Wednesday, December 5, 2012

The 1954 Chevy Bel-Air

Yes, it's finally time to reveal my latest project.  A few months ago, I picked up a 1954 Chevrolet Bel-Air from Arizona, and took on the arduous job of restoring it.  Here's a picture of what it looked like when I first bought it:

The picture gives it a slightly better look than the naked eye would reveal, but it was a solid car from the start.  Having lived its entire life in the arid Southwest, it was nearly rust-free, which is why I purchased it.  I hate rust, and Maine is the land of rusty cars.  This beauty won't need new floorboards or anything of that nature.  The desert sun did rot some of the plastic components, though.  The tail light lenses, the parking light lenses, and the hood and trunk emblems were either deteriorated or gone entirely.  It was also missing the hood ornament, but overall it was mostly complete.

The first thing I had to do was get it running.  The original 235 engine had had work done to it years ago, but someone had taken the carburetor off to rebuild it at some point and never put it back (and failed to do any rebuilding).  That, and someone snatched the master cylinder out of it, so it didn't have brakes.  These failings were divulged prior to my purchase, so I knew what I was getting into.  The carb was sitting on the front seat, so at least I had it.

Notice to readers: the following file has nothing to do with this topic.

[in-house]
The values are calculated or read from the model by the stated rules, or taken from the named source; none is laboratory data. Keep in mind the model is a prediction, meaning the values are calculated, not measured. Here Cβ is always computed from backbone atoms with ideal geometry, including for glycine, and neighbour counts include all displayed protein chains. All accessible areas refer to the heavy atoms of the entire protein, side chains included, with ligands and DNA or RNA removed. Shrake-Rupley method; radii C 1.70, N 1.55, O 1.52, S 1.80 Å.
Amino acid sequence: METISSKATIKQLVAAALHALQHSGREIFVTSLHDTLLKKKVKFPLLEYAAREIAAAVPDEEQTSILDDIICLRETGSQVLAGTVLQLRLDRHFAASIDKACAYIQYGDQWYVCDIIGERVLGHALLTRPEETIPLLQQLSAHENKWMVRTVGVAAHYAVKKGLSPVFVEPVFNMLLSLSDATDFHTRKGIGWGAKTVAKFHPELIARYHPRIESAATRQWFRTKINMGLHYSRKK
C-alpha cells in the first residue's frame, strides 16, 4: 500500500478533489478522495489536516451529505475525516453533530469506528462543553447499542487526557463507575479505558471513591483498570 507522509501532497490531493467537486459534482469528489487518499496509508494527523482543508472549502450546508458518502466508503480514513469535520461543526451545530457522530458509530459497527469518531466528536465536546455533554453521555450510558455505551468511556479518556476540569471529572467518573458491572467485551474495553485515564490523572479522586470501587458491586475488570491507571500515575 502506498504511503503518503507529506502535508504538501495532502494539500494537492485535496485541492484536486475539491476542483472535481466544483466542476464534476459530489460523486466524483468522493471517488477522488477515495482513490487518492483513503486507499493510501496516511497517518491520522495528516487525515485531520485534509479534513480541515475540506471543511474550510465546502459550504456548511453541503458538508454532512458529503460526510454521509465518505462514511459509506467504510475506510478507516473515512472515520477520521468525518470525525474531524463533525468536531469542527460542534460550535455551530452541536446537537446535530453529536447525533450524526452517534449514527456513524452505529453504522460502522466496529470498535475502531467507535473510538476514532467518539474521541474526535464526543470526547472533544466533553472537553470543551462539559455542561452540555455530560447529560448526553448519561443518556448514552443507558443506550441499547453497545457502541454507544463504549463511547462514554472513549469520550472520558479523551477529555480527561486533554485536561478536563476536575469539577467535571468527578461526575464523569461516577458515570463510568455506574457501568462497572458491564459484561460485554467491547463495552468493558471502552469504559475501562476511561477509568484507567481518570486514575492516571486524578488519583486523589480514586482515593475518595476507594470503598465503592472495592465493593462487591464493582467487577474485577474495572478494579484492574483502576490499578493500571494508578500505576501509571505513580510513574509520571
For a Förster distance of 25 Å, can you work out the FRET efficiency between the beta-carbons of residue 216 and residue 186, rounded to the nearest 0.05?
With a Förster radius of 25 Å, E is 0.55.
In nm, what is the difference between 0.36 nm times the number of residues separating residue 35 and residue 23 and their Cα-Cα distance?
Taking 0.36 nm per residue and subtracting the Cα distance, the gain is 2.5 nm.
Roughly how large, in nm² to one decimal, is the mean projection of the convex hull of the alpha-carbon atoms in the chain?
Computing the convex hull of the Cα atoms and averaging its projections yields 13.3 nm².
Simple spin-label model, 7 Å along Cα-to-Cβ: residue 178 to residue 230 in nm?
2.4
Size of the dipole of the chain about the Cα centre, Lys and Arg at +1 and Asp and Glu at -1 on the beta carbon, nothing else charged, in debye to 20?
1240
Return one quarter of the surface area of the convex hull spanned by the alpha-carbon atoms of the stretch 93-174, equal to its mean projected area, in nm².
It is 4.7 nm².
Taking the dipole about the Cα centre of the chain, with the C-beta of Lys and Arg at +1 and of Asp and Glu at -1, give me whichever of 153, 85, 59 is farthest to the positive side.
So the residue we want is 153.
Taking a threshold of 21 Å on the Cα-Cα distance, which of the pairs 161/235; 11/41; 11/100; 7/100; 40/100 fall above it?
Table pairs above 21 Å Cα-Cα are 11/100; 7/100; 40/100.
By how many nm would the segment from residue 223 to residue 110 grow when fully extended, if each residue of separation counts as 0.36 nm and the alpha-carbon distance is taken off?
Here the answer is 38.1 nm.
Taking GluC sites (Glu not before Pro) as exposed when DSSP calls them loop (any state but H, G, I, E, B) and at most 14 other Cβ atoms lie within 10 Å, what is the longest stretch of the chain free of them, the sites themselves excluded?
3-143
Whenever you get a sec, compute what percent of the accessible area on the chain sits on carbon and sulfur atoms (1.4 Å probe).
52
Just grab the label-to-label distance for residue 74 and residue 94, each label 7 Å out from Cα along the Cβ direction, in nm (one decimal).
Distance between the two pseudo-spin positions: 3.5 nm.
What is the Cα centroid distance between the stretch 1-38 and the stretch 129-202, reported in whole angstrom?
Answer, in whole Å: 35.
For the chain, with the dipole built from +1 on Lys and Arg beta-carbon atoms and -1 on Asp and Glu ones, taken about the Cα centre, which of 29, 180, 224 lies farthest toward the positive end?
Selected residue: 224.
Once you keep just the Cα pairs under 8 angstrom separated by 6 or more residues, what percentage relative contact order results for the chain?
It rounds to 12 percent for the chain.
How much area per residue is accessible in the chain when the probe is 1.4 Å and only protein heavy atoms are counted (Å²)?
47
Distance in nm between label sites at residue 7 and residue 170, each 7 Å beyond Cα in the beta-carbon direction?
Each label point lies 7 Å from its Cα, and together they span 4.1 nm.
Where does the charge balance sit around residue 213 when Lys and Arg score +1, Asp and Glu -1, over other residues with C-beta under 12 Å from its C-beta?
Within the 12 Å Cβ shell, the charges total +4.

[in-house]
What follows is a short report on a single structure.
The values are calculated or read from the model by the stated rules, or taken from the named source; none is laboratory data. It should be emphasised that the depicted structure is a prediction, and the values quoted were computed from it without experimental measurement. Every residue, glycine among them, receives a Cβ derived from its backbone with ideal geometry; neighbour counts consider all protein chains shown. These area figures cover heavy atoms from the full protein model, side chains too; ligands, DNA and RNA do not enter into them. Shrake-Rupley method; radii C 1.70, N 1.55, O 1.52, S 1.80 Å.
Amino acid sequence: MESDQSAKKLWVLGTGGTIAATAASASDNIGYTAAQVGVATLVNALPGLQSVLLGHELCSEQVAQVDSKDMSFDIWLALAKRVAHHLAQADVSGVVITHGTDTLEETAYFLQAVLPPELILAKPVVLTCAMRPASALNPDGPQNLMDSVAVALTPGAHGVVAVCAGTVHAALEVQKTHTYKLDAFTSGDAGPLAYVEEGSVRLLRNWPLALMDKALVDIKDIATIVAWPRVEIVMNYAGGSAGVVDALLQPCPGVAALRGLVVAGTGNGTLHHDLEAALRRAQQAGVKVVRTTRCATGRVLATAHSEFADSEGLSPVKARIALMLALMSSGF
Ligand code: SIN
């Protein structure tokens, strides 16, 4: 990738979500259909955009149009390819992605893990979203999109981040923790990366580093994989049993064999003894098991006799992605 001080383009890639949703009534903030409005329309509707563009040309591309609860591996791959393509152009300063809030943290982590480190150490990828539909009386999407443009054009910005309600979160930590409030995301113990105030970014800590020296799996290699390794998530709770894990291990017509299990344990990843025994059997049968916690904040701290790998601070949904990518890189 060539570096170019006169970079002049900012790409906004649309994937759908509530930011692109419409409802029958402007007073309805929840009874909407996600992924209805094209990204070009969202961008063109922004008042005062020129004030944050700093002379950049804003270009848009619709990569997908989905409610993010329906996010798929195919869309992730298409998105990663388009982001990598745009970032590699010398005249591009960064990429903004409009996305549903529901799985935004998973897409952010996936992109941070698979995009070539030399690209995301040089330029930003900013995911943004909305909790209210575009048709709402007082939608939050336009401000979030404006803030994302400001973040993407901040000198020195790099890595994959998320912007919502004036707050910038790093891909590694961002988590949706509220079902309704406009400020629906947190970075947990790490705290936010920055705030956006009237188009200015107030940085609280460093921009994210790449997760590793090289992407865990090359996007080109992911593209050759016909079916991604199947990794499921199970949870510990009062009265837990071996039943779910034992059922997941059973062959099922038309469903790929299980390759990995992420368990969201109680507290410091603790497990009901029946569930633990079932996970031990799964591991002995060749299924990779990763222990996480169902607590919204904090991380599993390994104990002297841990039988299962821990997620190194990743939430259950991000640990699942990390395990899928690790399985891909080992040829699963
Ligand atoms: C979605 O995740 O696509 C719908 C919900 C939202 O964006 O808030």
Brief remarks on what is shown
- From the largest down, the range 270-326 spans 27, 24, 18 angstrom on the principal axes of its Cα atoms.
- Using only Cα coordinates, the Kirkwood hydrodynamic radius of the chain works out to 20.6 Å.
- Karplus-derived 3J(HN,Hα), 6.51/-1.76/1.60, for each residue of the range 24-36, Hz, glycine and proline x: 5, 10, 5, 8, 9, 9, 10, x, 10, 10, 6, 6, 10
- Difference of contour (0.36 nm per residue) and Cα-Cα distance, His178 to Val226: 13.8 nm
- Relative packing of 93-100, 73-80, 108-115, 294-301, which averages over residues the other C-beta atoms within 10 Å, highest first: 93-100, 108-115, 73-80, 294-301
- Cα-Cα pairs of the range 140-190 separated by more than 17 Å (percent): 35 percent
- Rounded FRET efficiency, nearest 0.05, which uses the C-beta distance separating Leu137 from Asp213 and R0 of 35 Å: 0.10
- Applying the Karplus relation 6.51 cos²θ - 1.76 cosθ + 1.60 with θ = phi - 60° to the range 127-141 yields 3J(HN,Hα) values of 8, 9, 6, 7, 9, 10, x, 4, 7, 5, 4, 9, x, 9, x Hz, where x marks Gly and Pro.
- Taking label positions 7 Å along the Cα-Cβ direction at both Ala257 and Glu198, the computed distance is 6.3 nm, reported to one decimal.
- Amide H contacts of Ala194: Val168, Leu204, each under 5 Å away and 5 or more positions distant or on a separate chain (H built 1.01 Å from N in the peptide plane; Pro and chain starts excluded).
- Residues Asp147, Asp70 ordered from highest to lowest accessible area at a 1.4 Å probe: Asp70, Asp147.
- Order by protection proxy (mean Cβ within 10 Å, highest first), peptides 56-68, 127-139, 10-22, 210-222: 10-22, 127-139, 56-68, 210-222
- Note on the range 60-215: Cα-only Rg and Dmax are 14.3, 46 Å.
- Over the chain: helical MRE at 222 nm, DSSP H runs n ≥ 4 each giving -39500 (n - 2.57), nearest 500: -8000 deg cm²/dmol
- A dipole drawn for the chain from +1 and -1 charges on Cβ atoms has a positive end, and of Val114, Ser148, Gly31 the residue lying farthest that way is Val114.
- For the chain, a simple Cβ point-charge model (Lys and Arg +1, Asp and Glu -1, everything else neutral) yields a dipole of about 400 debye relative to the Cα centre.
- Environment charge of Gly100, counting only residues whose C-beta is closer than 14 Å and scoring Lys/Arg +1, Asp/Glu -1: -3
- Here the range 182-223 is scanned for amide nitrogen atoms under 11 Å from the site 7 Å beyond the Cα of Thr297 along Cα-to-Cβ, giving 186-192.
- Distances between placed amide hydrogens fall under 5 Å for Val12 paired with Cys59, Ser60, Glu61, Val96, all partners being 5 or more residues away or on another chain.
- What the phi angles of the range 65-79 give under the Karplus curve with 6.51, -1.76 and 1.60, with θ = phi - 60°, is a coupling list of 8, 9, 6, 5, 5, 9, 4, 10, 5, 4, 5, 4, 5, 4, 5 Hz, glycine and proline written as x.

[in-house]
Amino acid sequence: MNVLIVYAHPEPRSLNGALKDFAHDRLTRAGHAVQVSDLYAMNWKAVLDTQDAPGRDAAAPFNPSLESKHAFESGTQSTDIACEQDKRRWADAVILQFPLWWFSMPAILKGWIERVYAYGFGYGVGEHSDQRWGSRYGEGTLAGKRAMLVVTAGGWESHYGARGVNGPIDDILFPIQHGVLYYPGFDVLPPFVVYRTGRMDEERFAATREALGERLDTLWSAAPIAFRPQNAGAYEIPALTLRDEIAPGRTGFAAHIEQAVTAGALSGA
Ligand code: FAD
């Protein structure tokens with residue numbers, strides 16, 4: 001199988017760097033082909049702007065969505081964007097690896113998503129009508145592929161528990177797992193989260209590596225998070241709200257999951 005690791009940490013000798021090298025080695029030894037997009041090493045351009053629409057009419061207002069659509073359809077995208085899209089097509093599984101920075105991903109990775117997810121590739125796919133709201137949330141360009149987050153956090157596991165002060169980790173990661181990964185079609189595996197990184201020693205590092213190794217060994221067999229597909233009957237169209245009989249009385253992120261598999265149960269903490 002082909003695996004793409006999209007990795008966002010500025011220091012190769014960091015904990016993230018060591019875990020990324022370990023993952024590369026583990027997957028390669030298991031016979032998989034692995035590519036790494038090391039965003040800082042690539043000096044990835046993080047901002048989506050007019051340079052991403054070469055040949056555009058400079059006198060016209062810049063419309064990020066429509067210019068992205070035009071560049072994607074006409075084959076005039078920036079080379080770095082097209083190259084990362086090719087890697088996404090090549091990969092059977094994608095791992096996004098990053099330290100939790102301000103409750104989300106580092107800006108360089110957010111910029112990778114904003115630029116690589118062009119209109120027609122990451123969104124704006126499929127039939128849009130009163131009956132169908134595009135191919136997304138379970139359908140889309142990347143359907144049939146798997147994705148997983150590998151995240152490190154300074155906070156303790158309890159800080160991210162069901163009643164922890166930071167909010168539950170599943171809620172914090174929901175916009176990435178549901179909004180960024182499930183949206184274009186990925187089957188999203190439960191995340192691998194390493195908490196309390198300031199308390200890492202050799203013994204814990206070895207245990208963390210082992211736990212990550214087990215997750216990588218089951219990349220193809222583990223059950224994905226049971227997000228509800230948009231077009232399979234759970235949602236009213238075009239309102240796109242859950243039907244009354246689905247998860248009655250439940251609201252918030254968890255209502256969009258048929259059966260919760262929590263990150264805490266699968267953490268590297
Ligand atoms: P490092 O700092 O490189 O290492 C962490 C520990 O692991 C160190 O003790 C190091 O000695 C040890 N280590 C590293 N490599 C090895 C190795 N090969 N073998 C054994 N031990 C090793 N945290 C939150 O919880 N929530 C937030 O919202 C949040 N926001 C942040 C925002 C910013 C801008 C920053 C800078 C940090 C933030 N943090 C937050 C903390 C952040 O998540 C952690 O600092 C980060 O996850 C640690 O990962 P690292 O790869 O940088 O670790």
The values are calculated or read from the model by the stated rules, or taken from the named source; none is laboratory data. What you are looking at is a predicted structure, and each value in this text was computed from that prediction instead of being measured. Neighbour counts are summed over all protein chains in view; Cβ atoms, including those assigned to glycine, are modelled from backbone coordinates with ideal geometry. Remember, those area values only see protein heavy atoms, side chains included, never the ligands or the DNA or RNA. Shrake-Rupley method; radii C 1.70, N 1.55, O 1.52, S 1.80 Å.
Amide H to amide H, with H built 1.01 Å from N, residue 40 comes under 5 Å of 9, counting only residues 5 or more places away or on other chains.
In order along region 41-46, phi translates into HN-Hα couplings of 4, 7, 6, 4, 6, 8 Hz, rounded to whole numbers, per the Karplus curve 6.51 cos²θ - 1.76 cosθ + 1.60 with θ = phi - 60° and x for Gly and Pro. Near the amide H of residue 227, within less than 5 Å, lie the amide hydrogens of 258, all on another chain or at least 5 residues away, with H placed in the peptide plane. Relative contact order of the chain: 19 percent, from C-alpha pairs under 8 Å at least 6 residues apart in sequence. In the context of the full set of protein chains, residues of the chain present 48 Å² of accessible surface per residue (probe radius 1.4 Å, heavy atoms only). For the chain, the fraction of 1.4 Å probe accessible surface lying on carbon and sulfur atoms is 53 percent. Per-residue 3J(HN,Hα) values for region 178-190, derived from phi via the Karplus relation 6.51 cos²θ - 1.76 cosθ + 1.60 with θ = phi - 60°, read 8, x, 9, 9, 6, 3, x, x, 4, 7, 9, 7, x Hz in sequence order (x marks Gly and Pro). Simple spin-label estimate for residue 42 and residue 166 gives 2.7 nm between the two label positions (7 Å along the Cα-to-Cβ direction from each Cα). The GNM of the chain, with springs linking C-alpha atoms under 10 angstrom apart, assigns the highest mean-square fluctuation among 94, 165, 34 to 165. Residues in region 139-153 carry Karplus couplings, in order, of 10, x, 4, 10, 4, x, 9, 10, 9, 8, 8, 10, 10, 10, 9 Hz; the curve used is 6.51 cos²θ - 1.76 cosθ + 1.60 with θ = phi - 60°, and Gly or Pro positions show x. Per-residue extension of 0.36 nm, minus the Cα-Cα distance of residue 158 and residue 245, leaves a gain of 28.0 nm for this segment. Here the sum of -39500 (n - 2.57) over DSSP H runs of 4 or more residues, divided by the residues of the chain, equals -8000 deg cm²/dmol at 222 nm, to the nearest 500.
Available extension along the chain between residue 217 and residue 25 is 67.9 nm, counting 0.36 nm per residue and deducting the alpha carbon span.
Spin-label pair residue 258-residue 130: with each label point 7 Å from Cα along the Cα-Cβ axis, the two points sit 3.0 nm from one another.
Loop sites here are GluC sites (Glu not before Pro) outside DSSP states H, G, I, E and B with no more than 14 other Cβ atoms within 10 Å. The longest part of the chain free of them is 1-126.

To get the engine started, my father supplied an old carburetor he had kicking around, which would suffice until I got a rebuild kit.  With the temporary carburetor in place, we put a fresh 6-volt battery in it and turned the key.  It wouldn't turn at first, and after a quick check we found that the water pump was seized.  We took the belt off, and the engine turned, and started!  Of course, we didn't run it long with the cooling system disconnected (as well as the generator, which runs on the same belt), but it ran for a few minutes, long enough to determine that it really is a good engine.